May 2008

Page 61

Barbara Yngvesson
Hampshire College

Susan Coutin
University of California, Irvine

Schr¨ dinger’s Cat and the Ethnography of Law o
Drawing on research regarding undocumented immigration and transnational adoption, this essay argues that legal and ethnographic accounts retroactively instantiate potential realities that were there all along but are only made visible by official recognition. In this sense, the “field” that is at the center of ethnographic inquiry is brought into being by the activities of the ethnographer, just as the field of (un)documented bodies is brought into being by a judicial decree. At the same time, such authorizations of the real are haunted by the noise that is left behind. This noise makes itself known by its pull on official representations, pointing to the instability of our objects of study, the multidimensionality of everyday life, and the gaps and disjunctions that compel us to return to what was overlooked in order to make our ethnographies real. [adoption; immigration; deportation; temporality; ethnography]

In 1935, in an attempt to demonstrate the absurdity of the argument that physical reality, until measured, is indeterminate, physicist Erwin Schr¨ dinger proposed the o following thought experiment, discussed in Nadeau and Kafatos (1999). Imagine that there is a box containing a photon source, a slanted translucent mirror, a gun, and a cat. After the box is shut, a single photon is released in the direction of the mirror. The probability that the photon will pass through the mirror is precisely 50 percent. If the photon does not pass through the mirror, it will be reflected toward the bottom of the box. On the other hand, if the photon does pass through the mirror, it will cause the gun to release a pellet of poisonous gas, killing the cat. Without opening the box, it is impossible to know whether the cat is alive or dead. Similarly, according to quantum physics, the location of an electron or photon is best represented by a probability that takes the form of a wave. If the location or path of the electron is actually measured, in a laboratory, then this wave function collapses into certainty. If it is not measured, however, experiments suggest that the electron (or photon) actually takes multiple paths, thus occupying multiple locations, at the same time.1 It is not that the electron (or any particle for that matter) really was located at only one of these possible positions, but we simply don’t know which. Rather, there is a sense in which the electron was at all
PoLAR: Political and Legal Anthropology Review, Vol. 31, Numbers 1, pps. 61–78. ISSN 10816976, electronic ISSN 1555-2934. C 2008 by the American Anthropological Association. All rights reserved. DOI: 10.1111/j.1555-2934.2008.00001.x.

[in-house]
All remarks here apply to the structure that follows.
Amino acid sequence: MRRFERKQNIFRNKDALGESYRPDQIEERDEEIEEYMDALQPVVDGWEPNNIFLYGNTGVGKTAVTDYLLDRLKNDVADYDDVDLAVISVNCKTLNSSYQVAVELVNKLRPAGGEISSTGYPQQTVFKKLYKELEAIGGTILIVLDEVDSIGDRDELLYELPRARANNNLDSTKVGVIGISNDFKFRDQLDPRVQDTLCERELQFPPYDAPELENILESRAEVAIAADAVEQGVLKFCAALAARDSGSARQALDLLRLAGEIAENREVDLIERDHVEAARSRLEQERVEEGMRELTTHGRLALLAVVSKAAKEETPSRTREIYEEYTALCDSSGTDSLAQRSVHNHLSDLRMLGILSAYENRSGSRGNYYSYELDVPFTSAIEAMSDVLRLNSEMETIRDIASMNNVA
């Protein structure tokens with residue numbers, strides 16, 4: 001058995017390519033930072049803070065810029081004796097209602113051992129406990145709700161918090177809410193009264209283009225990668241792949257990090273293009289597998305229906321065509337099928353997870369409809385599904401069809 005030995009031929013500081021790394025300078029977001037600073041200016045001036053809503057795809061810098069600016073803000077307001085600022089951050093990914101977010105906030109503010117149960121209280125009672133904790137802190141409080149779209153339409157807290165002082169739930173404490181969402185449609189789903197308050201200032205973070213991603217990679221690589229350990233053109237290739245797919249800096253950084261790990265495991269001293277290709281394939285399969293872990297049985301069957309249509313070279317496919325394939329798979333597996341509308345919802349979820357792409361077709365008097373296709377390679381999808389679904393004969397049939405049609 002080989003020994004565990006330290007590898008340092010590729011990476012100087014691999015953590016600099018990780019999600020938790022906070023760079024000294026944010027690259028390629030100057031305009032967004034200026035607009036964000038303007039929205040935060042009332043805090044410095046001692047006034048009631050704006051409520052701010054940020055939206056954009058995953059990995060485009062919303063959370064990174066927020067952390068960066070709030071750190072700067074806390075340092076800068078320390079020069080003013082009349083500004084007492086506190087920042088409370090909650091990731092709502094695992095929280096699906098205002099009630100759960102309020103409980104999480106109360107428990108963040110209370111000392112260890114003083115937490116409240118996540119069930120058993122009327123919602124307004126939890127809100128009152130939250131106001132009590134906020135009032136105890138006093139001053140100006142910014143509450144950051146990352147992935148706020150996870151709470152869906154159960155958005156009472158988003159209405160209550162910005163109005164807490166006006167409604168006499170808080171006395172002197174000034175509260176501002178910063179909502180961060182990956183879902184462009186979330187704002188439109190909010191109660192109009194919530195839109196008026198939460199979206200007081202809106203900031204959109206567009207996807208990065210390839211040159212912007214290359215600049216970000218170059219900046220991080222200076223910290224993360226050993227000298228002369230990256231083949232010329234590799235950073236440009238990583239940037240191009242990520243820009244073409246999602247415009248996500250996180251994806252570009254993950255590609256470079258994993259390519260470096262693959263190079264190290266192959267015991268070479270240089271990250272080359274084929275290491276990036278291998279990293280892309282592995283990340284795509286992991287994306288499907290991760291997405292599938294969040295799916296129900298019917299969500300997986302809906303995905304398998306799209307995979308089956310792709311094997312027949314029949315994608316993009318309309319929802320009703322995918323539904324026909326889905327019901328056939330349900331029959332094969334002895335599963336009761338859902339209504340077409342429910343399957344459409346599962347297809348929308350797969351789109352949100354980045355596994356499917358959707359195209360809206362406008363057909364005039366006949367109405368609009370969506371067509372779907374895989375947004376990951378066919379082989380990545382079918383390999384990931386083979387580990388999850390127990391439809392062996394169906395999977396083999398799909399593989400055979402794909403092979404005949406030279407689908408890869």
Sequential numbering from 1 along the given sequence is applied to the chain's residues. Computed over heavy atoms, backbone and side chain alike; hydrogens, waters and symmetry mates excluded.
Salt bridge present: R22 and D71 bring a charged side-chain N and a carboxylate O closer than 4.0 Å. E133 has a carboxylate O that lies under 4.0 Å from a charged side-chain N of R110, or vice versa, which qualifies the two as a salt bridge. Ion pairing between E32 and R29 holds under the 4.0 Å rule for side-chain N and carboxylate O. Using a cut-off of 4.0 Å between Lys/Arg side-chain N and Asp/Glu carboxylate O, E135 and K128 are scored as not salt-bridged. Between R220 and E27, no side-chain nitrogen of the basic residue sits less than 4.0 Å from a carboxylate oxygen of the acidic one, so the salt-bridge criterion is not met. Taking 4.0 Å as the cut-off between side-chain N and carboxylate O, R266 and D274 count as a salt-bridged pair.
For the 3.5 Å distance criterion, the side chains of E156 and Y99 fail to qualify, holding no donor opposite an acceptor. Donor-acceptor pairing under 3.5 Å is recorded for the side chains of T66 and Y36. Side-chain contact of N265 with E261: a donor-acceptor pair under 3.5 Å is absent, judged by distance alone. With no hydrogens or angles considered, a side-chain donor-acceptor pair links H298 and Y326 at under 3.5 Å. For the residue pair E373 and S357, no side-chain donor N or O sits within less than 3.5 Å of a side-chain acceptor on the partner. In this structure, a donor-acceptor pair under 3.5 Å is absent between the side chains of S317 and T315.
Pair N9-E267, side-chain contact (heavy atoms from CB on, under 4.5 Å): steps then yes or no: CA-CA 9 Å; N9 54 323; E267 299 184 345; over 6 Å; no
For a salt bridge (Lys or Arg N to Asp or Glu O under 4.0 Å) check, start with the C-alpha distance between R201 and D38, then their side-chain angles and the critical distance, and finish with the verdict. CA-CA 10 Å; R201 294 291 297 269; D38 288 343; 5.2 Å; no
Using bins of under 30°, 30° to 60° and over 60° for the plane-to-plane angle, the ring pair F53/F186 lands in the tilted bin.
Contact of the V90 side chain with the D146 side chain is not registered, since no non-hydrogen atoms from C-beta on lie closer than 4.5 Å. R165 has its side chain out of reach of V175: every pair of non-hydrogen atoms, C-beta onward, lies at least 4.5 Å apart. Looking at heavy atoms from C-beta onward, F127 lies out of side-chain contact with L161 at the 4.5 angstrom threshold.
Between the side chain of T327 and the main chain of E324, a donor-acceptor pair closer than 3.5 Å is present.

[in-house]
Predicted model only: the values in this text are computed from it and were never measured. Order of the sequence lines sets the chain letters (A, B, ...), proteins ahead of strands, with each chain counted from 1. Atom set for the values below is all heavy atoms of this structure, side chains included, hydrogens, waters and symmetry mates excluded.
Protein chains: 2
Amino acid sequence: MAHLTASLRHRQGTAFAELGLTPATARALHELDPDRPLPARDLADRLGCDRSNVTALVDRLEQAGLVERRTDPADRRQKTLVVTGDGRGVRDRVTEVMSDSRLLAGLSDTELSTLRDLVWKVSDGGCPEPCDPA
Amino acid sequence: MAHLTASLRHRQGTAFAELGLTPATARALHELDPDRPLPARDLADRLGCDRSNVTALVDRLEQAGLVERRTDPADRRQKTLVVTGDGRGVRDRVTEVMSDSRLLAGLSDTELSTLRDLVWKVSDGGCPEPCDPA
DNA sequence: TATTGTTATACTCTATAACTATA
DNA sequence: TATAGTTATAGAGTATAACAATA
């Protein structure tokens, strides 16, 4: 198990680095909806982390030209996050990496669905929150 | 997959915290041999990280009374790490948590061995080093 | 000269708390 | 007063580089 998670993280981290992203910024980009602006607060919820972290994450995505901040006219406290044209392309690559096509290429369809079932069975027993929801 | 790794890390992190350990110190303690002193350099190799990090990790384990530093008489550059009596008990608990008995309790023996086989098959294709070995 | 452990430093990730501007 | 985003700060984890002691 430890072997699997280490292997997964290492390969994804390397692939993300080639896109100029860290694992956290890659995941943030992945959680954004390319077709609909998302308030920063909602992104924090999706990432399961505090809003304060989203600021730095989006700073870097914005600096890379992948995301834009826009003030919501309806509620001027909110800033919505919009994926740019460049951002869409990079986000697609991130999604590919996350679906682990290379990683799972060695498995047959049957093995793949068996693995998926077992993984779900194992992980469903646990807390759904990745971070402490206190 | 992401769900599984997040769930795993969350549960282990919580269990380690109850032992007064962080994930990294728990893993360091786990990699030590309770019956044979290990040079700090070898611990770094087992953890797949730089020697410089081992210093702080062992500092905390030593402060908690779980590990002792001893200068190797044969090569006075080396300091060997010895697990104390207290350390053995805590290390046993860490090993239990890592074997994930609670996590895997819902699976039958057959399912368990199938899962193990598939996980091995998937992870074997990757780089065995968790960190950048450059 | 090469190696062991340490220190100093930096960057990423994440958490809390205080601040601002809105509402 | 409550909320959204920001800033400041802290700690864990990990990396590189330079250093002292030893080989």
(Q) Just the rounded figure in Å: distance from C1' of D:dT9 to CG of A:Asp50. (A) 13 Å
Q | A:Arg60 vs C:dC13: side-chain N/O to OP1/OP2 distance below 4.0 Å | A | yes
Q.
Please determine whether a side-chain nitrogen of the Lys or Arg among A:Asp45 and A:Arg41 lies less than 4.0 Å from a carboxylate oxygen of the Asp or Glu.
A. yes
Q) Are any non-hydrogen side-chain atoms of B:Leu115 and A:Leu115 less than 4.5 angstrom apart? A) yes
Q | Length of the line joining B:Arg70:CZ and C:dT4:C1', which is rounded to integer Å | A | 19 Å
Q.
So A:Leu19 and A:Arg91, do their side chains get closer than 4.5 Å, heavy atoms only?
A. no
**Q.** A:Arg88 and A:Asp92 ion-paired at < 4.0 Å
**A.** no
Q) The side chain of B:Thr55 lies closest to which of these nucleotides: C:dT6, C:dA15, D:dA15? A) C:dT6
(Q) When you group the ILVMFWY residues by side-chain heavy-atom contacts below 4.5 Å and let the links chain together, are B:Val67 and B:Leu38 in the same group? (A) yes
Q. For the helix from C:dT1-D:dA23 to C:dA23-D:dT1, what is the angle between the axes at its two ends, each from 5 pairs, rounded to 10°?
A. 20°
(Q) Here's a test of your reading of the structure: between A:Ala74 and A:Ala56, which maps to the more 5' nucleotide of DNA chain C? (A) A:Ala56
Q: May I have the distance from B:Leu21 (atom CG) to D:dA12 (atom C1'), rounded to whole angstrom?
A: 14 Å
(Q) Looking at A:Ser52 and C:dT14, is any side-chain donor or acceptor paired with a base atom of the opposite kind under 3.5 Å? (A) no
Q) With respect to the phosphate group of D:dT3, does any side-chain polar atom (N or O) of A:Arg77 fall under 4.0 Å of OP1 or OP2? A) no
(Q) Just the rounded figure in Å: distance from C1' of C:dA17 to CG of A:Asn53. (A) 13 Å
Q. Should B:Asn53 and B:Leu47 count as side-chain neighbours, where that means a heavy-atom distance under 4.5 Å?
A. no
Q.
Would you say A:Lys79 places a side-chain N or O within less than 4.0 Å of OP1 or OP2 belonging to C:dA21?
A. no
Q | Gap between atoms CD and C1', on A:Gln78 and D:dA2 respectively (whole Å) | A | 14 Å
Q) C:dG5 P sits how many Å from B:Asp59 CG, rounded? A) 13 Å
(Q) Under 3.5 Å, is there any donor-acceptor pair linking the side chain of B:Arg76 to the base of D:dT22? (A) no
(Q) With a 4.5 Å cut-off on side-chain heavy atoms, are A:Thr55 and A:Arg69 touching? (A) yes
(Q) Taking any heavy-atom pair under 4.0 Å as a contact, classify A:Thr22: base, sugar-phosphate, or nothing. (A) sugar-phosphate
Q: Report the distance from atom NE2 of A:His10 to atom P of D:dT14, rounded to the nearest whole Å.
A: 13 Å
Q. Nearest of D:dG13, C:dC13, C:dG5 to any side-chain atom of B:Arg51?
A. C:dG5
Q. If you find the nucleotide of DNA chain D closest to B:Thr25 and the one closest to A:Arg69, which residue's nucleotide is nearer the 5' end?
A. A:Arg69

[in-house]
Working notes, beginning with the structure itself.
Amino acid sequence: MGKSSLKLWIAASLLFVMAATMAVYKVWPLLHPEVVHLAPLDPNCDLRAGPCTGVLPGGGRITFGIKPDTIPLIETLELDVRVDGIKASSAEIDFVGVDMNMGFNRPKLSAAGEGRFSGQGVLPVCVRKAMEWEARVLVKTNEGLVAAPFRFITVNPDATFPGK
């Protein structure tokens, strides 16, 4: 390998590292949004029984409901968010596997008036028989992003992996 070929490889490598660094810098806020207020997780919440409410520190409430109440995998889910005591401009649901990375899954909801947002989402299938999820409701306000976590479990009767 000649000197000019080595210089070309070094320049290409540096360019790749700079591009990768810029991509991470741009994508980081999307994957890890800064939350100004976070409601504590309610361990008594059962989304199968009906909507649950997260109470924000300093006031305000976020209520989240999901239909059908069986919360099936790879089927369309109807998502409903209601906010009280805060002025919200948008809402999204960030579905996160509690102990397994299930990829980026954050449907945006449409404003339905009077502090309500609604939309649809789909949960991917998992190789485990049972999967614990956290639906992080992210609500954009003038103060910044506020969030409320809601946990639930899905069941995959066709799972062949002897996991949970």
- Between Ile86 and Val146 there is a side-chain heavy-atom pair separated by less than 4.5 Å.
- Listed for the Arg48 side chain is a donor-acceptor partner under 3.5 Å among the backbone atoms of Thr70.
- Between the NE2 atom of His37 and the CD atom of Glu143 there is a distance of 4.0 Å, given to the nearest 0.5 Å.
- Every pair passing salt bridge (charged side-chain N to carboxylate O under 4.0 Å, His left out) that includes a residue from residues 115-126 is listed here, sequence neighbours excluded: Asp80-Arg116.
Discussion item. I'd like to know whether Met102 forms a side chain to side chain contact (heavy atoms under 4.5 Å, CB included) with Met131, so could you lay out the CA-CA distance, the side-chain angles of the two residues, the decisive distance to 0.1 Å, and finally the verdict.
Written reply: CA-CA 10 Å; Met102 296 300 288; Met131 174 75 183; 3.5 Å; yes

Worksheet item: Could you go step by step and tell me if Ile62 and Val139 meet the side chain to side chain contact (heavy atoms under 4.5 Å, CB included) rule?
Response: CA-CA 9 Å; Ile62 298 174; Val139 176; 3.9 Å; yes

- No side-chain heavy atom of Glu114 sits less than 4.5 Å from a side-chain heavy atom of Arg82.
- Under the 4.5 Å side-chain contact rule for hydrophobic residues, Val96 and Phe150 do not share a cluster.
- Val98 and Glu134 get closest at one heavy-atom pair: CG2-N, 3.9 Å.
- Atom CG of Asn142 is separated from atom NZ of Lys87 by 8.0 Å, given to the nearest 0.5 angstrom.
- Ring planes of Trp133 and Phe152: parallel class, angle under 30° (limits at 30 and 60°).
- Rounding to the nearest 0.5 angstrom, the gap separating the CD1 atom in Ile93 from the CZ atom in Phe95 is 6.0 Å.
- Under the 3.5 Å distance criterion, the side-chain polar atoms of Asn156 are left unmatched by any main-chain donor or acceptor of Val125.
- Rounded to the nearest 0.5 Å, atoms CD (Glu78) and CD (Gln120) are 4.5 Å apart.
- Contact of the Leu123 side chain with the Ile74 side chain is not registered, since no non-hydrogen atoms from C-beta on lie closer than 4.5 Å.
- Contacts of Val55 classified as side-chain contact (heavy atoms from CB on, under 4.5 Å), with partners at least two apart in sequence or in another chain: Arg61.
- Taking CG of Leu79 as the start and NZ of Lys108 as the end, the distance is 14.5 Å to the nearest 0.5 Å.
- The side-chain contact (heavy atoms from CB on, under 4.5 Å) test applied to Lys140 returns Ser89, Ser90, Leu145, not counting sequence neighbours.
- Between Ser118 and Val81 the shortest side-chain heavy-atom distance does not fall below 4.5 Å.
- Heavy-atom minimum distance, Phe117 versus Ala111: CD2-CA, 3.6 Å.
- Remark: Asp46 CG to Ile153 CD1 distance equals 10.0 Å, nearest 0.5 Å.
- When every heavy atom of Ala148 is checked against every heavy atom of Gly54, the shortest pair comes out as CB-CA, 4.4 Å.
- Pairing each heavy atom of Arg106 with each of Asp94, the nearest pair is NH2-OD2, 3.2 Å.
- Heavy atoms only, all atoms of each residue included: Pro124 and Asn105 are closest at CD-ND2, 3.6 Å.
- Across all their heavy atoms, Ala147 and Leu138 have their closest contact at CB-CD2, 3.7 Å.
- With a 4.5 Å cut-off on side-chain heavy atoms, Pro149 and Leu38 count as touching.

the legal definition of these events was in contention and. Prior to the judge’s ruling. and into life or death. This need to remain open to the possibility that the field may be reconfigured as the results of fieldwork take shape poses a conundrum not unlike that confronted by the physicist attempting to reconcile probability and outcome. she was told that there was no record of the birth. there were records of the infant’s birth. resolves itself into a single photon path. but there was no evidence that a mother. upon being observed. events that the immigrant experienced in the past officially resolve themselves into persecution. when a probate judge grants an adoption decree to parents in the United States. Thus. It was this prior indeterminacy (the alive– dead cat. in fact. ethnographers simultaneously must remain open to possibilities that had not occurred (to them) before they “entered” the “field. had the judge ruled otherwise. had brought her into existence” (1995:194). leaving the cat in a state of alive–deadness that. The determination that an individual deserves political asylum is supposed to simply affirm that the individual was already persecuted (or had a well-founded fear of persecution). may not be considered as having “occurred” prior to the ethnography being written.” and that in fact. the real parents. Note that this resolution of a more ambiguous reality is the opposite of how law is supposed to work. while ethnographers collect data in order to answer research questions that motivate a particular study. “At the legal moment of adoption. while unfolding.S.2 Ethnographies. when Jan Waldron. because each of the possibilities—each of the possible histories—contributes to what we now observe. however. or the legal analyst attempting to align judgment and history. contacted the town hall 23 years later in the city where she had given birth. This quantum physics problem of the relationship between a measured outcome and the much more contingent (and multiplicitous) history that resulted in that outcome also characterizes both law and ethnography. an unpredictable outcome. may or may not have officially occurred (or may have occurred and not occurred). events that a birth mother experienced in the past as “giving birth” retroactively turn out legally to be nonevents. to the circumstances of its development?” . select a particular path among processes that. yes.Page 62 PoLAR: Vol. when a U. explained the clerk of the court. a woman who placed her infant daughter for adoption in 1969. the events in question would not have been officially deemed persecution. Thus. 31. [Greene 2004:179] Thus. Similarly. As ethnographer Marilyn Strathern (1999:5) asks. y’know. At the hospital where her daughter was born. the natural ones’” (Waldron 1995:193). I. are somewhat fortuitous potentialities. until legally measured. No. the photon may have gone multiple ways. “How does one argue back from an unforeseen event. too. 1 of the locations. the multiple simultaneous paths of a single photon) that Schr¨ dinger found o absurd. the birth certificate was ‘filled out as if her adoptive parents were her parents. immigration judge awards political asylum to an immigrant. Her daughter Rebecca “had been born. For example. Giving birth turns out to be a contingent process that. but no cross-reference with the mother’s file. Ethnographers must reconcile the veracity of ethnographic accounts with ethnographers’ own (re)constructions of the field during fieldwork. until the box is opened.